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Lions Roar : May 2006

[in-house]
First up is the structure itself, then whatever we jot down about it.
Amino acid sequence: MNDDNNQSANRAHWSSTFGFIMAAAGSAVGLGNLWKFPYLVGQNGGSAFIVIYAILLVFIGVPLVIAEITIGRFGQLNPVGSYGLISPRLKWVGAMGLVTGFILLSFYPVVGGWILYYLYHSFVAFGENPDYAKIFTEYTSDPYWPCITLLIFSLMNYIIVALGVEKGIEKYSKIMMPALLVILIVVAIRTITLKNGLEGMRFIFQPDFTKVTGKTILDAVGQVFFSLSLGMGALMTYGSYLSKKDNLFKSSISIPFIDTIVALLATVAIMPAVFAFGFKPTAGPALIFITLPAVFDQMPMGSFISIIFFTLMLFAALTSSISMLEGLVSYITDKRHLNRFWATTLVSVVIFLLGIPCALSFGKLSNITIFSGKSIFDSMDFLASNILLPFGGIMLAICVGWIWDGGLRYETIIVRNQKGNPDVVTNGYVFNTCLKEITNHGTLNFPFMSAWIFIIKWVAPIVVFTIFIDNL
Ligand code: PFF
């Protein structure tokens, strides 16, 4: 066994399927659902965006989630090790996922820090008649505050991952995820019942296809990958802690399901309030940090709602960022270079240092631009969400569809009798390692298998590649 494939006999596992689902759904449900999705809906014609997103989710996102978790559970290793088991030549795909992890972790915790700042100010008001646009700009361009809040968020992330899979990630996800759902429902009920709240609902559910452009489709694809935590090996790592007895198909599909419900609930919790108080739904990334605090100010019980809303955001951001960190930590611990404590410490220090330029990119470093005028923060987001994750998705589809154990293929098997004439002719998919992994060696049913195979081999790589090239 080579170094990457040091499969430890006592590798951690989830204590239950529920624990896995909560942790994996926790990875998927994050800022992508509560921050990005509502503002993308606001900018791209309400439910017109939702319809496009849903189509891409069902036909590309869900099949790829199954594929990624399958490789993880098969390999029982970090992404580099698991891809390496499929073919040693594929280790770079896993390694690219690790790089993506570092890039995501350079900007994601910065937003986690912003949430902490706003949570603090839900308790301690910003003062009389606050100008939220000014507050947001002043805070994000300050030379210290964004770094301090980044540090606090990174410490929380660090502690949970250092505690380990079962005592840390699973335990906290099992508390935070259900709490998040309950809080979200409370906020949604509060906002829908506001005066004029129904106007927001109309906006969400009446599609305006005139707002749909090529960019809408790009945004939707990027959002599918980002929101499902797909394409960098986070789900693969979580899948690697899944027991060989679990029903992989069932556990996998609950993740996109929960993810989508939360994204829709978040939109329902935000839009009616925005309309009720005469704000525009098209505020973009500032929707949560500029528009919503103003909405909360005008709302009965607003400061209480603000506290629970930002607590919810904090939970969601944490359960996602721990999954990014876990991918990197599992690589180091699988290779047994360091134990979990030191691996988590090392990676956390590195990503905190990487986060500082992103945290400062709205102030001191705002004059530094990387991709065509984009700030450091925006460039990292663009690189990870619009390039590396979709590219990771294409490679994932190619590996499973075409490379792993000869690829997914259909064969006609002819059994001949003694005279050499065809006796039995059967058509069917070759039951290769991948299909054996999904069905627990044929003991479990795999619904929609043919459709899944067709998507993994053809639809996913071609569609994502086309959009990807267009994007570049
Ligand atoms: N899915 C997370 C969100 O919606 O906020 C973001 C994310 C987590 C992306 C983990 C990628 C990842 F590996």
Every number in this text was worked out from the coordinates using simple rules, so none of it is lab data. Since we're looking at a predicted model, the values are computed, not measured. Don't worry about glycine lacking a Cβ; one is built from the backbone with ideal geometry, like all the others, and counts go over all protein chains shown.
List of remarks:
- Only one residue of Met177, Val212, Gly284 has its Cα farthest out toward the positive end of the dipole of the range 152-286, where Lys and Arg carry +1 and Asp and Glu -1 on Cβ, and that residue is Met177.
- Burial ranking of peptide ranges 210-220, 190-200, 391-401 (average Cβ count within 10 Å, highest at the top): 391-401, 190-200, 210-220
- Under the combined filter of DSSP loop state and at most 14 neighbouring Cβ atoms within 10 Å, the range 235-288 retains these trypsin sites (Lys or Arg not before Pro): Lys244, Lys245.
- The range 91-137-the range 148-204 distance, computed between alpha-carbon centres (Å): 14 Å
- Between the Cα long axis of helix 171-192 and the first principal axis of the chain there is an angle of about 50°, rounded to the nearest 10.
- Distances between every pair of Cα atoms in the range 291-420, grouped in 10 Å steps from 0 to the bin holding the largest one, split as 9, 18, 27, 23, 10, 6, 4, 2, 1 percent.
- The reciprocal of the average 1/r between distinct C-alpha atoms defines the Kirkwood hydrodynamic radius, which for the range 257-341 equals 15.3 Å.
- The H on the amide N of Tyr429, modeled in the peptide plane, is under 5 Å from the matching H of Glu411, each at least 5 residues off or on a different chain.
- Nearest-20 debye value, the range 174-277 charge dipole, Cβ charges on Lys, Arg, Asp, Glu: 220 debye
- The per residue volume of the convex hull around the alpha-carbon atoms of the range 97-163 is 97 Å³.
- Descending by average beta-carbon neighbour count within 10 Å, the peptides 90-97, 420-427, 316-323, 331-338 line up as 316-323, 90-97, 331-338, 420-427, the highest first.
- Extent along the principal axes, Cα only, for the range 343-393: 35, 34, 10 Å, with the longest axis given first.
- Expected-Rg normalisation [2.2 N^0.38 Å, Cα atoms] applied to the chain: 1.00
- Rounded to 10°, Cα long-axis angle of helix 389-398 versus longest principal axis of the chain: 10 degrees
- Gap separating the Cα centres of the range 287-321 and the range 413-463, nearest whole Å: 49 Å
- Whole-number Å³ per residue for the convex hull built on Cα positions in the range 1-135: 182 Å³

and whatever actions we might be engaged in, these will all leave a karmic impression in our mind that is either positive or negative. A negative impression is left by any action that harms either the one who commits the action or the one who is the object of the action, or both. These are generally actions arising out of hatred, jealousy, aggression, and pas- sion—the negative aspects of our emotions. A mo- ment when your thought is involved in aggression has tremendous energy and power, and the resultant negative seed that is planted in the mind will mani- fest as aggression again. This is as certain as the fact that planting the seed of a chili will lead to the result of a chili plant. When we are under the influence of mental afflic- tions, we are incessantly planting the seeds of con- fusion and restlessness in our mindstream, which, fundamentally, is pure and without any confusion. Thus, engaging in harmful actions that leave nega- tive impressions in our mind is like walking with dirty shoes into a beautiful, clean room. We leave our tracks all over the clean floor wherever we walk. In this analogy, our mind is the spotless floor, our kar- mic action is our mindless walking with dirty shoes, and the negative impressions left in our mindstream are the footprints we track across the clean floor. In this way, we perpetuate the cycle of samsara and in- crease our own unhappiness and suffering. The Truth of the Cessation of Suffering The third noble truth is the cessation of suffering. Although the Buddha taught that suffering pervades our entire experience of samsara, he also taught that this suffering is temporary and that we can go beyond it. When we have discovered the origin of suffering and have relinquished its causes, then our samsaric ego-clinging and disturbing emotions cease. “Cessa- tion” in this context refers to the state of nirvana, in which all delusion and mental afflictions have been overcome and the mind is unconditionally liberated. It also refers to the state of meditative absorption ac- complished by the arhats, those beings who attained the highest level of realization in the Hinayana path. The Truth of the Path The fourth noble truth is the path that leads to the cessation of suffering. When Buddha demonstrated the cause and effect relationships that pertain to the four noble truths, he showed us that neither our suf- fering nor our liberation is a random occurrence. ➣ The Two Truths PONLOP RINPOCHE ON DISTINGUISHING BETWEEN THE RELATIVE & THE ULTIMATE THE TEACHINGS in the second and third turnings approach reality through two truths: relative truth and absolute truth. In order to understand emptiness, it is very important to distinguish between these two truths. Relative truth, or conventional reality, is that which is in accor- dance with ordinary worldly usage or understanding, something on which everyone will agree. It is concerned with the things of our everyday experience and is always conceptual. The reason it is not ultimate truth is because relative phenomena cannot with- stand analysis. When subjected to analysis, relative phenomena disappear, and all you find is absolute truth, or emptiness. For example, if I asked you, “Please hand me my thermos,” you would simply pass it to me without question. We understand each other perfectly and all this works quite well. You would not ask, “Does the thermos exist or not exist? From where does it arise?” If, however, you first wanted to find its essence, its thermos-ness, then you would subject the thermos to analysis. You would look at the whole thermos and then at each of its parts to try to locate its most fundamental entity-ness. As these parts are broken down further and further, you would continue to search for the essence of the thermos until nothing is left at all. At this point, the ther- mos has disappeared and you have come to the realization that it never possessed any true, substantial reality. The thermos before you is only a “mere appearance,” a dreamlike object. It is percep- tible to the senses but its abiding nature is emptiness. Thus the same object has two natures: relative and absolute. This process of analysis produces a clear understanding of emptiness; however, this determination of untrue existence is not the final absolute truth because it is still conceptual. There is still an “I” with a conceptual understanding that this thermos does not exist. In order to go further, there has to be nonconceptual meditation through which one experiences directly the nature of emptiness. What is experienced through nonconceptual medita- tion is the true, genuine, absolute truth. The absolute truth is the real essence, the “suchness” or “isness” of things. It is not refutable. It is not merely temporary. Therefore, it is ultimate and that ultimate nature is the main object of our realization. It is characterized as being indescribable, inconceiv- able, and unable to be signified by any word, gesture, or concept. At the same time, it is important to realize that understanding relative truth is the cause of understanding absolute truth. Thus relative truth should not be thought of as being something inferi- or and unrelated to absolute truth. Relative truth may be concep- tual, but there is no way to realize nonconceptual absolute truth without it. The understanding of either one of the two truths as- sists the understanding of the other. ♦ SHAMBHALA SUN MAY 2006 45